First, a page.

This 1982 portrait of John Updike by Alex Katz hangs in the National Portrait Gallery in Washington, DC.
The novel historically has its roots in the city. But the astonishingly prolific John Updike showed how it could also examine the morals and manners of suburban America. In his five-part series whose central character is “Rabbit” Angstrom, Updike chronicled middle-class America's postwar history in comic and heartbreaking fashion. Updike also wrote three novels about a moderately successful Jewish novelist called Henry Bech, who implausibly wins the Nobel Prize; curiously, the Nobel is one prize that Updike did not win. Updike once said his goal was to publish a book a year, and he came close with his novels and many collections of short stories, poetry, and nonfiction. That ubiquity landed him on the cover of Time magazine in 1982. The cover artist was Alex Katz, whose oversized flattened forms, detached expressions, and emphatic patterning had been reinvigorating portrait traditions since the 1960s. -- NPG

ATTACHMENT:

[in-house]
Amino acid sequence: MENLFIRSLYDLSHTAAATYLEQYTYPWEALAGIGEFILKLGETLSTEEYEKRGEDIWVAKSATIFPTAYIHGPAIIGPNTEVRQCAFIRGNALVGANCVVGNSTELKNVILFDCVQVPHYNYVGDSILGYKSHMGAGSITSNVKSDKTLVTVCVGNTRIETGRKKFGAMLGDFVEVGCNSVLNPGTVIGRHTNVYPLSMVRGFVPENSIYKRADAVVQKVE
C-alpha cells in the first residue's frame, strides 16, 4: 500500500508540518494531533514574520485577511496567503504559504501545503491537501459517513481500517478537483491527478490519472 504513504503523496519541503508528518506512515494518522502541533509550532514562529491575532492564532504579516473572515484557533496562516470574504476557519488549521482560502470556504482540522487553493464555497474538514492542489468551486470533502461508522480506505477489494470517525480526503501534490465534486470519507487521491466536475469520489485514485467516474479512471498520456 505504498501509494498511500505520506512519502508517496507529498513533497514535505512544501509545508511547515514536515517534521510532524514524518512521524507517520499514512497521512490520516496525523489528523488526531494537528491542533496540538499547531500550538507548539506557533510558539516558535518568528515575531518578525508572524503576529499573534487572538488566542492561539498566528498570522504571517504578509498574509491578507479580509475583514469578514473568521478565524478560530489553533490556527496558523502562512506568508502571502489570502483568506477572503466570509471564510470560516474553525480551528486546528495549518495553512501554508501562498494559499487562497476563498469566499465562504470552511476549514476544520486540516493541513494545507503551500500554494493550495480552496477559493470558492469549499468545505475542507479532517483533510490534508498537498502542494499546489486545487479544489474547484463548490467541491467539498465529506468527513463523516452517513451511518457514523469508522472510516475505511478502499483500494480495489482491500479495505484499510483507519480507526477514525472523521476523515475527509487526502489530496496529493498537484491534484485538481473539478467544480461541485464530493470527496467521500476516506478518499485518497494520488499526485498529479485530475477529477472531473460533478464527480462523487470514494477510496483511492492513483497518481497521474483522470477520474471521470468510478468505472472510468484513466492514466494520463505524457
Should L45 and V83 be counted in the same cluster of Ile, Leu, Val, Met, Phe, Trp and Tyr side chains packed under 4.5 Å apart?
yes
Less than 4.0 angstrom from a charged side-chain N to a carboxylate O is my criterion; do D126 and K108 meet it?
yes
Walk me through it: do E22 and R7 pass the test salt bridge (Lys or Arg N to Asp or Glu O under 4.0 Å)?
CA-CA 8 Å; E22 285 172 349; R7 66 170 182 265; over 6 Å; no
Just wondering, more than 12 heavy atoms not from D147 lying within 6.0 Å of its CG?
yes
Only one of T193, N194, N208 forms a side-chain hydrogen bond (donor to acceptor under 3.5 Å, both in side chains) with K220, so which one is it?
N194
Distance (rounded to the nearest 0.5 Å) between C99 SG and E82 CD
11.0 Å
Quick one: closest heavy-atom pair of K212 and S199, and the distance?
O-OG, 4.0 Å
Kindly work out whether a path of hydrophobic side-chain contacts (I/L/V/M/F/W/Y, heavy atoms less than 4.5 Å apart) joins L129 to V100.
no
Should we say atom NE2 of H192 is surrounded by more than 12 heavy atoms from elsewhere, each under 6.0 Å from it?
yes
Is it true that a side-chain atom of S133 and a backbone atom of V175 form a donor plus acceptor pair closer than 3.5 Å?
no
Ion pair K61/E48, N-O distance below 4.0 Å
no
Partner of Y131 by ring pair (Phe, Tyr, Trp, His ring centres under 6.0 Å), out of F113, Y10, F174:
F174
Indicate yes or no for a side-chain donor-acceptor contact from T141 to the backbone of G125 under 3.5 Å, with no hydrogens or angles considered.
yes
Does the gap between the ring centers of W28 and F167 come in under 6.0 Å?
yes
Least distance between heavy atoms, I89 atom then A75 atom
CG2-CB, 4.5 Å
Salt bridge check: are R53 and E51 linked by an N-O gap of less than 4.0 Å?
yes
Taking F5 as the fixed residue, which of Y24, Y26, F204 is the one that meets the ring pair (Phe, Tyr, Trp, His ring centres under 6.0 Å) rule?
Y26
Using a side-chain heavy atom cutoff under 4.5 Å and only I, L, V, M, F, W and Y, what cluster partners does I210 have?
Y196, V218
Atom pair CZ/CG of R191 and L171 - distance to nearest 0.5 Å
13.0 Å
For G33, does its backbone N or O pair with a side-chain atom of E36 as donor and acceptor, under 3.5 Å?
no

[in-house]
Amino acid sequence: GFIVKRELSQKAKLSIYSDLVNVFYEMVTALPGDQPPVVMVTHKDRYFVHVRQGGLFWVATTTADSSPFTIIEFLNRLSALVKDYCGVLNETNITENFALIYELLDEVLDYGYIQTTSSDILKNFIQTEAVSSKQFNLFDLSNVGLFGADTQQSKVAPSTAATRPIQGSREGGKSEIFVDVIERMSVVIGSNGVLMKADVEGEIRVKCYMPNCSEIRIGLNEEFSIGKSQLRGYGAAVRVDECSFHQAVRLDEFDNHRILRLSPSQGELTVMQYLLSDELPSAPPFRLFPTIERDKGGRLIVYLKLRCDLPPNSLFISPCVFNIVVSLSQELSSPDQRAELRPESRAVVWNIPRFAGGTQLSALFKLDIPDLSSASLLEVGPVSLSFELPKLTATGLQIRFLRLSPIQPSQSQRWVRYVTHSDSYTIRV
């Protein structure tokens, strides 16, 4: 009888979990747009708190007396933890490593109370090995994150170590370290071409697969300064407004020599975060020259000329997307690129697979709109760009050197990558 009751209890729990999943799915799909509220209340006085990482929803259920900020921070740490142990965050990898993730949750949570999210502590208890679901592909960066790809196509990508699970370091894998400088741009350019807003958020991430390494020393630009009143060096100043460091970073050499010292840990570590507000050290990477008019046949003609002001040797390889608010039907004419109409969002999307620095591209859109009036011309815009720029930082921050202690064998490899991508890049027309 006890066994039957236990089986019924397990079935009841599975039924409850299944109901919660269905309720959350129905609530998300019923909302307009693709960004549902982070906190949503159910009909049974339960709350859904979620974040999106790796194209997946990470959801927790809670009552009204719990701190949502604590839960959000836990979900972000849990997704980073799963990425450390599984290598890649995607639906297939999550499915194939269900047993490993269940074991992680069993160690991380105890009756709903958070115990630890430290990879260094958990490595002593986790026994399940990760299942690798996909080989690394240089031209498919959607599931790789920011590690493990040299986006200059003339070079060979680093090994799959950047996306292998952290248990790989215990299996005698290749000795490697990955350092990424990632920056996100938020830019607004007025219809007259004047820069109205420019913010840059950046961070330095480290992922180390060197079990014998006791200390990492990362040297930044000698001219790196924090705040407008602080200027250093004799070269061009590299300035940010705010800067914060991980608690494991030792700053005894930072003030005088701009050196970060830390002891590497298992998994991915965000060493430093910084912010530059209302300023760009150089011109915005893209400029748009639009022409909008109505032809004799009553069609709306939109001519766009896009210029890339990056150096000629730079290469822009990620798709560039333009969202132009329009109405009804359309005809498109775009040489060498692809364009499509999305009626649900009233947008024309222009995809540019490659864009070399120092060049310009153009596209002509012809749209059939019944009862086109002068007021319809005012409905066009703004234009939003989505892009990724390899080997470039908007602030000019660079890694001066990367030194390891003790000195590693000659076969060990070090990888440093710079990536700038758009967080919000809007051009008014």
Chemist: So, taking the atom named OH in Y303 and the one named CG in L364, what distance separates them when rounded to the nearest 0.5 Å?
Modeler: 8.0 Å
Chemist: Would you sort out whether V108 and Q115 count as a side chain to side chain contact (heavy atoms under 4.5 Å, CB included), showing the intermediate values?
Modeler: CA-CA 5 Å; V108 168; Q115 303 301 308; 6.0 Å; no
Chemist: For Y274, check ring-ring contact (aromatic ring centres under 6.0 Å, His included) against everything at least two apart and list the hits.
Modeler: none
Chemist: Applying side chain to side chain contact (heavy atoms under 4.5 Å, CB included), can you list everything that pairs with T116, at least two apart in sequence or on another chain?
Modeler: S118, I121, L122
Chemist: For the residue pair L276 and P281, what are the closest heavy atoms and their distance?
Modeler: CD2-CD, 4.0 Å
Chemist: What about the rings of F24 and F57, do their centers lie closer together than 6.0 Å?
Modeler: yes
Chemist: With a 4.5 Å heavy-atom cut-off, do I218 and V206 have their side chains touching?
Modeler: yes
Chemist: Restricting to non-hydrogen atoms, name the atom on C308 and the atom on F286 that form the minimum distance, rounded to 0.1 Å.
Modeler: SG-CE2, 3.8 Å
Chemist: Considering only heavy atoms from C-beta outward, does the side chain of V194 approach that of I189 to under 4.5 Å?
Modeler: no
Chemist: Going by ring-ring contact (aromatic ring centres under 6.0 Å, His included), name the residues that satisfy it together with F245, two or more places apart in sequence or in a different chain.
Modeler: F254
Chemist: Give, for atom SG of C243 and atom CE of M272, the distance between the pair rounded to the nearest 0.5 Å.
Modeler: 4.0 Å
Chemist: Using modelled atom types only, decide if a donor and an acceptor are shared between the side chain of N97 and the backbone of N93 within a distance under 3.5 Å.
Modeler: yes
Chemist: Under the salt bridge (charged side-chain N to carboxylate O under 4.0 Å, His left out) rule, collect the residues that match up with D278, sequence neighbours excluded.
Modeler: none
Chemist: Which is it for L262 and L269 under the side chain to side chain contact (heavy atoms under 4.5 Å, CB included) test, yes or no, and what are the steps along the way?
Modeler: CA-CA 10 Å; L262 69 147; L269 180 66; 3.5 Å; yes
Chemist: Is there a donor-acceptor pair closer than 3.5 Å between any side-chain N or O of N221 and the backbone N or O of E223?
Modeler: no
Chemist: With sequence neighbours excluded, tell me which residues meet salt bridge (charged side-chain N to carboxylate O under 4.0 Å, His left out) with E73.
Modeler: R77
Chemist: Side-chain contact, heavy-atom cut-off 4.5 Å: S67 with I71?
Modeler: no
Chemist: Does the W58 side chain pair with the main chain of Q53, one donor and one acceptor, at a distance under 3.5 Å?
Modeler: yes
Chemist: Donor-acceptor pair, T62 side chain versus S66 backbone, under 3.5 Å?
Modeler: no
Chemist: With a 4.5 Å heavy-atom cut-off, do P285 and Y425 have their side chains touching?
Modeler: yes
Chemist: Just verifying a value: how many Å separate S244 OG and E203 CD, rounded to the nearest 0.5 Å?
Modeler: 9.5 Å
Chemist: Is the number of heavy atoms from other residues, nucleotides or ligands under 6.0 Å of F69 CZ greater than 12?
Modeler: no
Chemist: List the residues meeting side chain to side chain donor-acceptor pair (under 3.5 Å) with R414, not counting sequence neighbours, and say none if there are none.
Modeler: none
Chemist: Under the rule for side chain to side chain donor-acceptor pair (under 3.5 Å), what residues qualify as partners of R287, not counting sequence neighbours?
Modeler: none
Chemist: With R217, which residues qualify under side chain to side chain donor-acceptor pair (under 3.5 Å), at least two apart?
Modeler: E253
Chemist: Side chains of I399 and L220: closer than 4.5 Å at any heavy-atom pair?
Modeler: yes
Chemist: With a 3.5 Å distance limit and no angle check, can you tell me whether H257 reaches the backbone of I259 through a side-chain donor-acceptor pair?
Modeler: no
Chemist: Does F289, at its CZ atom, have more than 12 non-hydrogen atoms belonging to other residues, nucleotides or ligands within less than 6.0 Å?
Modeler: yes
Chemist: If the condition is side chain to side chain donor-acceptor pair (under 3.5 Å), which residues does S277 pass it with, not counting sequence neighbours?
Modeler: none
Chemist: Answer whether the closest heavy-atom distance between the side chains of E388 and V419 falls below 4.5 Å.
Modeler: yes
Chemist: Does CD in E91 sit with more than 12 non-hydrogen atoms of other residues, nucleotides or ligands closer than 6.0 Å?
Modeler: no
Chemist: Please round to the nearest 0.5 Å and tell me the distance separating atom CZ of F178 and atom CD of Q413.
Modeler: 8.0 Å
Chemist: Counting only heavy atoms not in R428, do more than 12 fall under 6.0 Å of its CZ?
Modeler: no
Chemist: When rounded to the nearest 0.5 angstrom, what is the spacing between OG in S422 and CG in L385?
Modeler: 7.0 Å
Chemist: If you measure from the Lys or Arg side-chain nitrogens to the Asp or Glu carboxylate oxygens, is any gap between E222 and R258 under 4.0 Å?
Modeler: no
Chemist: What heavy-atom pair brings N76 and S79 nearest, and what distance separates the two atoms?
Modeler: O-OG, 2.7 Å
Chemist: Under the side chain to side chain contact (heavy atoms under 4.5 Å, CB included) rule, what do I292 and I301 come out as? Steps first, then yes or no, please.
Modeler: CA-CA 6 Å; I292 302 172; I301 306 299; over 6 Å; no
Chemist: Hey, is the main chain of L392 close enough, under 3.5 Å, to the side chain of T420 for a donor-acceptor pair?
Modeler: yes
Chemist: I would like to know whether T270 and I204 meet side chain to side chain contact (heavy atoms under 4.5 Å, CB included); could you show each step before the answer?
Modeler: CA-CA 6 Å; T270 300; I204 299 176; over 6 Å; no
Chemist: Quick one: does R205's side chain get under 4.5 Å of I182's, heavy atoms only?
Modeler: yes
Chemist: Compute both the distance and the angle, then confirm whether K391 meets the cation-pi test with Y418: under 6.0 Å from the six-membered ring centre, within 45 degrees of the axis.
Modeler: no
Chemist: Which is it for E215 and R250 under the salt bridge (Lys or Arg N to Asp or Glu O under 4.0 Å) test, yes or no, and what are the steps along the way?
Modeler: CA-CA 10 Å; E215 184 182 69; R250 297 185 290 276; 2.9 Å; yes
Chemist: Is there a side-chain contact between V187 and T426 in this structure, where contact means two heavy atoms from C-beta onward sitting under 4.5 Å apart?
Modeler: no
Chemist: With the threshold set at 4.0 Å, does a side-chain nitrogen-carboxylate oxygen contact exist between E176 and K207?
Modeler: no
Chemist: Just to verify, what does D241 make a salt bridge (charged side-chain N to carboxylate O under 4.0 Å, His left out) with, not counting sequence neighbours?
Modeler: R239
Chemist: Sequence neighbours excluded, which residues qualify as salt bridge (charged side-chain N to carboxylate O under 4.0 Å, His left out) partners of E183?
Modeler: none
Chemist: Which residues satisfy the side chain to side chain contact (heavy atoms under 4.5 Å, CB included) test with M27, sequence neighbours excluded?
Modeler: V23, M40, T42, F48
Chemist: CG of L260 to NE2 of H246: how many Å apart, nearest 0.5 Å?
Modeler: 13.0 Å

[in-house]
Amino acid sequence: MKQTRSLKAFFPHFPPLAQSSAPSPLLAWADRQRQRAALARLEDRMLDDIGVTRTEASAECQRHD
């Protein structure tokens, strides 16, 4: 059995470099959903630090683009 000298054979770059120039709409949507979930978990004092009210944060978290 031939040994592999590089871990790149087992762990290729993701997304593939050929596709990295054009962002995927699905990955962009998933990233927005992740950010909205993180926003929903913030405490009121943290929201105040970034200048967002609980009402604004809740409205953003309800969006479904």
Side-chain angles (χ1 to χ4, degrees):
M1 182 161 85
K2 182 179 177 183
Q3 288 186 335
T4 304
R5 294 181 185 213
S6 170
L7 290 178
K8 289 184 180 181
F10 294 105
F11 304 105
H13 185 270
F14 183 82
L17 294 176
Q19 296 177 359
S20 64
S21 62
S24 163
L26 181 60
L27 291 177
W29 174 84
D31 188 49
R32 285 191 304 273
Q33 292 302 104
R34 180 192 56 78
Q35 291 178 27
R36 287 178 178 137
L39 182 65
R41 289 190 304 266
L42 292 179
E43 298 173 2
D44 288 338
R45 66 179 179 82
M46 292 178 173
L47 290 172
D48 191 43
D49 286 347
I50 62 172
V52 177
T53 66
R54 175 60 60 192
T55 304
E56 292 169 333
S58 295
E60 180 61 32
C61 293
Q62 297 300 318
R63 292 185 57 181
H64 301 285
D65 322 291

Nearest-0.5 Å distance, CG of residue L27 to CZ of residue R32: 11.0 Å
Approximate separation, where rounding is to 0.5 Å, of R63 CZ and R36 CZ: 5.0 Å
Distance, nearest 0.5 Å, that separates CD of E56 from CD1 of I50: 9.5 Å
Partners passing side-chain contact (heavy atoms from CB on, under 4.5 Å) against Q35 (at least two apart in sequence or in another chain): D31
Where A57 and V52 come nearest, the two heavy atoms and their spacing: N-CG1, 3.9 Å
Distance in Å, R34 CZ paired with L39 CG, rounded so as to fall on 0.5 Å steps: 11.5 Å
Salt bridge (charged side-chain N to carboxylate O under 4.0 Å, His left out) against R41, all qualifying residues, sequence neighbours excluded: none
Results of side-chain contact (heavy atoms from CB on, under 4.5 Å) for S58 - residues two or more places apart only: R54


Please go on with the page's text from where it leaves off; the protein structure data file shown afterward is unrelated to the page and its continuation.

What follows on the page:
Going Great at 50